Arts: Composer, producer, Avenger: just don't call him a polymath

Laurie Johnson's TV theme tunes are classics. So why has it taken 27 years for a serious piece to get its premiere?
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The Independent Culture
IT'S TAKEN Laurie Johnson some 27 years to get round to staging the first public performance of his 1971 composition, Synthesis. Better late than never, the symphony will finally be performed by the London Big Band and the Royal Philharmonic Orchestra at the Royal Festival Hall tomorrow night.

The delay, however, is hardly surprising: Johnson has had rather a lot on his plate. The veteran composer and producer, who learnt his trade with Jack Parnell among others, has since composed in almost every conceivable musical form. His film work includes the score for Stanley Kubrick's Dr Strangelove. Among his TV compositions are memorable themes for This Is Your Life, The Professionals and The Avengers - the music for which is the only original element to feature in Warner Brothers' remake. His numerous theatre credits include the music for Lock up Your Daughters.

In recent years, Johnson's activities have been influenced by his own TV and film production interests. In partnership with Brian Clemens, he owns the rights to The Professionals and is executive producer of this year's TV re-make. In partnership with John Hough, he co-owns Gainsborough Pictures which owns the TV rights to Dame Barbara Cartland's novels. And that's not to mention his latest musical project - The Glory Road, a musical based on the story of Moses. His latest project, currently in development, is Boz - a musical on the life of Charles Dickens.

"I've been called a polymath - I wasn't sure whether to laugh or sue," he smiles. "But I suppose you could say my interests and various projects seem disparate. In fact, while the springboard may differ, my music is the common theme."

He now writes only for his own productions which gives him the freedom to indulge his passions, especially for big band music. "It's a sound many younger people had never been exposed to," he says. "It has become particularly popular in the US following the success of Harry Connick Jnr and Natalie Cole. So we brought together the best jazz and orchestral musicians from across Europe, including Don Lusher and Tommy Whittle, to perform the music not catered for by the orchestra, whether pop or more established."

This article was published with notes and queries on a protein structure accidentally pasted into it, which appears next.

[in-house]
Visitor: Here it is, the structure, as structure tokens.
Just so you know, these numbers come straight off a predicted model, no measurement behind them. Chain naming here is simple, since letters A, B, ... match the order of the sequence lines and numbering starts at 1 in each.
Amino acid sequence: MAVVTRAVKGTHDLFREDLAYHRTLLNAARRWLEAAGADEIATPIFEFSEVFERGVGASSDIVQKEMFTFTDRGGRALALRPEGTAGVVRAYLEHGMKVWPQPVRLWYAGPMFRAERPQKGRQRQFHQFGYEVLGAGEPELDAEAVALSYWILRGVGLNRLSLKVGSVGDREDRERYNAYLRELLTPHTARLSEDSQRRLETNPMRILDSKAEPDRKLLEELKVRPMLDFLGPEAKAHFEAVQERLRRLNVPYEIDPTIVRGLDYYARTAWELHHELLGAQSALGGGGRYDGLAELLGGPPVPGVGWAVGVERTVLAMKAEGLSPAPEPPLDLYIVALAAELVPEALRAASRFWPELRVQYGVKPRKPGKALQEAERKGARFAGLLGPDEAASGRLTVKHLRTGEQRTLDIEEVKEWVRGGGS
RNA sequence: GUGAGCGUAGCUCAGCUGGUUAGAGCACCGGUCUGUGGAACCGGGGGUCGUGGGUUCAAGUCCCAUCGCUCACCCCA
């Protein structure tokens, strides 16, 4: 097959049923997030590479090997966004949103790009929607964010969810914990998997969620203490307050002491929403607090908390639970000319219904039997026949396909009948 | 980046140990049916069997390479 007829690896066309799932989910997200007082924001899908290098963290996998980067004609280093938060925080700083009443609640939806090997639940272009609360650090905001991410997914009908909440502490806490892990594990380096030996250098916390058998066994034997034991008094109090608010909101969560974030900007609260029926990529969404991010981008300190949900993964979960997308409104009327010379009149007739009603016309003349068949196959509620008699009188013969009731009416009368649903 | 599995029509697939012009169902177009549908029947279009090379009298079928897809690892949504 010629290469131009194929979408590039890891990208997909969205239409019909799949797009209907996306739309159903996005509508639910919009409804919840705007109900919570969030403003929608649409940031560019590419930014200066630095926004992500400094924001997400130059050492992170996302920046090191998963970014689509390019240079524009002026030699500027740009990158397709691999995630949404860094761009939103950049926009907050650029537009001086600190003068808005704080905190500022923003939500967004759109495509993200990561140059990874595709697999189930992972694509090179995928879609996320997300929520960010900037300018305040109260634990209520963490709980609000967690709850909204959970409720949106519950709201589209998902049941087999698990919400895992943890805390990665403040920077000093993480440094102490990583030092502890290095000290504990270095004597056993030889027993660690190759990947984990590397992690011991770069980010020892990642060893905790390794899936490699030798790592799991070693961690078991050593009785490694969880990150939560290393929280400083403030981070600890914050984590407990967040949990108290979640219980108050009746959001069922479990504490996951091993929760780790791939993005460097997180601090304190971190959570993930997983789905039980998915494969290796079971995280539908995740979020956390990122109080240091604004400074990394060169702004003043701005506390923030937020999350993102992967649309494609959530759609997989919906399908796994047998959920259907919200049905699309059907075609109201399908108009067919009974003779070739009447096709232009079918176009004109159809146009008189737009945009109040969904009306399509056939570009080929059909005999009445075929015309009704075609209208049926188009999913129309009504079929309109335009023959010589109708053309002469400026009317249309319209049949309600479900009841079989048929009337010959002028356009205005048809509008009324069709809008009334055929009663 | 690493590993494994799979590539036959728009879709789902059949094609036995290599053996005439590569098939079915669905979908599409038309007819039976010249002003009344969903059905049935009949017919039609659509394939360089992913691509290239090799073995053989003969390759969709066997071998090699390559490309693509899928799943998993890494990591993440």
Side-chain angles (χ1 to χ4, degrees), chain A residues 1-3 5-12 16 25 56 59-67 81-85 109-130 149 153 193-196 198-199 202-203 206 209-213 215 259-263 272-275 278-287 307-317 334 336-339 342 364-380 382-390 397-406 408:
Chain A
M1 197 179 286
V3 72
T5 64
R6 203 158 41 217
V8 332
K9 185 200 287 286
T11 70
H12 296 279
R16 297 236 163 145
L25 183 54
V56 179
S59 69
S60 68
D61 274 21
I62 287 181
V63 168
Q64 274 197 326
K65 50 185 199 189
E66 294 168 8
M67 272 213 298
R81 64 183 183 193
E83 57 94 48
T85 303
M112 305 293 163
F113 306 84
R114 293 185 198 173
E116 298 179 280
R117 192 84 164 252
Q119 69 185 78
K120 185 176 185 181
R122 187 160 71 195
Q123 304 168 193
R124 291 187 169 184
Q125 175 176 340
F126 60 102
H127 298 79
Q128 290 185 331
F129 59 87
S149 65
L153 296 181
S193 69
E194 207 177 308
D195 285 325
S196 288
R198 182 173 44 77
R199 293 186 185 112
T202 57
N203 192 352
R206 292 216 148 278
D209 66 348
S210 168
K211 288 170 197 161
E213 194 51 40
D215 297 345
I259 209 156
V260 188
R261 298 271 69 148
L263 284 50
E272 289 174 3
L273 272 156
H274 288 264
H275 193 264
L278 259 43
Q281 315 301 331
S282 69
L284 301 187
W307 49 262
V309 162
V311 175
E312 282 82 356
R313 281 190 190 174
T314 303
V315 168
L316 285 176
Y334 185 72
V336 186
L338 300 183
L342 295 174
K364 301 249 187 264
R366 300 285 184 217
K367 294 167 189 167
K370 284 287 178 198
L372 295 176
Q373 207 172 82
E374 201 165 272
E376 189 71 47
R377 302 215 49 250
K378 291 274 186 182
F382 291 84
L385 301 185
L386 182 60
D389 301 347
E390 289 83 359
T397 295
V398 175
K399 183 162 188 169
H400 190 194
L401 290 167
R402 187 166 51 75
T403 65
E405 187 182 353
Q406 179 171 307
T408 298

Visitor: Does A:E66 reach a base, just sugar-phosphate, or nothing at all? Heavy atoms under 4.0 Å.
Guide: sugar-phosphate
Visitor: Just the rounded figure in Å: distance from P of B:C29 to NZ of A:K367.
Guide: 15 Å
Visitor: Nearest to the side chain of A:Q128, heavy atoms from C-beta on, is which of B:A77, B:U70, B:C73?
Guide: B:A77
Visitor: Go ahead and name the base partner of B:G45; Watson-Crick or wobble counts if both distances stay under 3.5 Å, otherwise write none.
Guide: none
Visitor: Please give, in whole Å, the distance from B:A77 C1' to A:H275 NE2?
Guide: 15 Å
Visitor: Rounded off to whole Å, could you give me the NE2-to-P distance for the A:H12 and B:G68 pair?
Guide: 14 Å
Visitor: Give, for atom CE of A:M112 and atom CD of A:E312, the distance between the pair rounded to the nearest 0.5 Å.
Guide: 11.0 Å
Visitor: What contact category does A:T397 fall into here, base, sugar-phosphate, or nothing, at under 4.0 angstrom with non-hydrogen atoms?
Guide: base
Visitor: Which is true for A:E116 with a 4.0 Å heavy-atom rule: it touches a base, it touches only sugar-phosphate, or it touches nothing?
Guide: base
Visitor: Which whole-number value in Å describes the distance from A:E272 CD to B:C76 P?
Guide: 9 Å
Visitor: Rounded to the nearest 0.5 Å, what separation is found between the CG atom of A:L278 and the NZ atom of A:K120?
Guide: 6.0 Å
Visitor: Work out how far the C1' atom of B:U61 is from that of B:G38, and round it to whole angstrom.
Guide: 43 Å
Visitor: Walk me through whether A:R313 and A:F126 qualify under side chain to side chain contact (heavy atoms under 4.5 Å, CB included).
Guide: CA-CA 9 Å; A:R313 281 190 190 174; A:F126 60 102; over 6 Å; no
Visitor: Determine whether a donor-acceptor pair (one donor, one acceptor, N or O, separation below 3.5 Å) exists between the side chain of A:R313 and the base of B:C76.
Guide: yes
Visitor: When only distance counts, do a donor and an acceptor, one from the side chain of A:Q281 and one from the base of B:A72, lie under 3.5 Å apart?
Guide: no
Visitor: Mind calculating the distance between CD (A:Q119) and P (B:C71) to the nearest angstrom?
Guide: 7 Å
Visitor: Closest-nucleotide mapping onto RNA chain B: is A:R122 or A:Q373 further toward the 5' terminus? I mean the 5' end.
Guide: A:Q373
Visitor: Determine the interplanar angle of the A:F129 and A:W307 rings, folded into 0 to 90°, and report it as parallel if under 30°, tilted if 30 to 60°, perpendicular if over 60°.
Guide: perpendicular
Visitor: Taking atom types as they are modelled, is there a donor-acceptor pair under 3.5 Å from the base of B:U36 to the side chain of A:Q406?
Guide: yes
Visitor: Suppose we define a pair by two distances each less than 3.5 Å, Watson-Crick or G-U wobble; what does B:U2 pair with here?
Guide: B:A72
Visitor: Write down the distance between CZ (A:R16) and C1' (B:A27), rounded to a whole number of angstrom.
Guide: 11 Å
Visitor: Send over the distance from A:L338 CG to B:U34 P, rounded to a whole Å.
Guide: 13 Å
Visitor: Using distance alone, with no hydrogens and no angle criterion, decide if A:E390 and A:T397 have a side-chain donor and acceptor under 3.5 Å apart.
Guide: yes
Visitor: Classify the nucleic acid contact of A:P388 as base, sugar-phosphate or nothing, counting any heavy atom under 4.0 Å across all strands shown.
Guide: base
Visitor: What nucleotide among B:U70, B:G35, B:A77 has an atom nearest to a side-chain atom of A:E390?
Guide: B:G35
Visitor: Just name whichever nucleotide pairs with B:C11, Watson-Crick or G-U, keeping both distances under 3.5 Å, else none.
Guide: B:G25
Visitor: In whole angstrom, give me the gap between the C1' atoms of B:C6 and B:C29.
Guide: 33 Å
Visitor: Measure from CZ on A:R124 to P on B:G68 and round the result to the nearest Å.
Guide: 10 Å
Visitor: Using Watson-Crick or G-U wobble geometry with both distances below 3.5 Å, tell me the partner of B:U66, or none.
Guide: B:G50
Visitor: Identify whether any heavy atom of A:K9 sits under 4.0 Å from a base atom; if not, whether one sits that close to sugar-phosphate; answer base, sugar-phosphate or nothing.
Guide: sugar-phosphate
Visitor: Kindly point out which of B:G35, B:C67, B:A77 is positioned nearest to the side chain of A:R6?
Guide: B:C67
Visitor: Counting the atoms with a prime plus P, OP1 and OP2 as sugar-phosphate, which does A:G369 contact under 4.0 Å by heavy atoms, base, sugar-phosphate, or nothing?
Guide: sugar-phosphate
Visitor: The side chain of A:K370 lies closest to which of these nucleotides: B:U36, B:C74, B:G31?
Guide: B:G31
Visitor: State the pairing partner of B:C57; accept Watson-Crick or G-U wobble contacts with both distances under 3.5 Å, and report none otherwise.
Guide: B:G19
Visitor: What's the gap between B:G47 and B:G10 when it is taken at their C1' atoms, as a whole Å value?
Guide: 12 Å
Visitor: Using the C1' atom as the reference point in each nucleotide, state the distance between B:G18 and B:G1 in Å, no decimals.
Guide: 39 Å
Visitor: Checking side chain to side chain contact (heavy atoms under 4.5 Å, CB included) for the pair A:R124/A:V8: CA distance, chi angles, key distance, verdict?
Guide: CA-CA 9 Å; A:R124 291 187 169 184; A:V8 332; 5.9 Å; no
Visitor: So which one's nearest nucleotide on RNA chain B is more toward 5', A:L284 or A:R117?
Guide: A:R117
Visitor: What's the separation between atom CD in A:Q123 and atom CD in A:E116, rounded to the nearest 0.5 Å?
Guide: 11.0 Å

So far, the London Big Band has played at the Palladium and the Barbican, where it was filmed for a video which became a number one seller at Tower Records in London. Johnson's aim is to broaden the appeal of big band music. And he is doing so by composing music which challenges conventional musical genres.

The Glory Road, for example, was first performed last year by the London Big Band and a full gospel choir. With lyrics by Herbert (Les Miserables) Kretzmer, the narration was provided by Hollywood veteran James Coburn. "His voice had the quality and timbre perfectly suited to American gospel", Johnson says. Sunday night's concert involves jazz and symphony musicians with a contemporary twist - pop musicians, and a 23-year-old soul singer, Alexia, will also join them on stage.

The evening is in two parts: the first half a tribute to Gershwin, the second the first live performance of Synthesis. All his work is written with international appeal in mind, Johnson explains. "You can't afford to be parochial. I never write for a particular audience - you have to ask: 'Will people want to listen to this, anywhere in the world'. Take The Avengers: worldwide it had TV audiences of 500 million, it regularly attracted around 18 million in the UK."

He is also driven by the desire to blend music and performance. He points to classic film music scores: "The best were totally integrated with all parts of the film. Music is cinema. It plays on the subconscious and manipulates an audience. Themes play very little part in it - you couldn't hum the score to Citizen Kane, yet music made a significant contribution to it. This is a different approach to grafting on music only to make money through sales of the soundtrack."

The best scores tell stories that pictures can't, he adds. Boz, inspired by a life-long enthusiasm for Dickens, focuses on the author's life - the inspiration for all of his stories. "It's a story never told. The story of a man who was many people. And the music takes it to a new dimension." Johnson has completed and recorded the score, and Kretzmer the lyrics. He is unsure how it will first be performed, live or on film, but funding has already been secured with the support of Lord Grade.

'The Professional: The Best of Laurie Johnson' and 'The Musical Worlds of Laurie Johnson' are out this week on PolyGram's Redial label. The first performance of 'Synthesis' tales place tomorrow at the Royal Festival Hall (0171-960 4242). Warner Brothers' 'The Avengers' opens on 14 August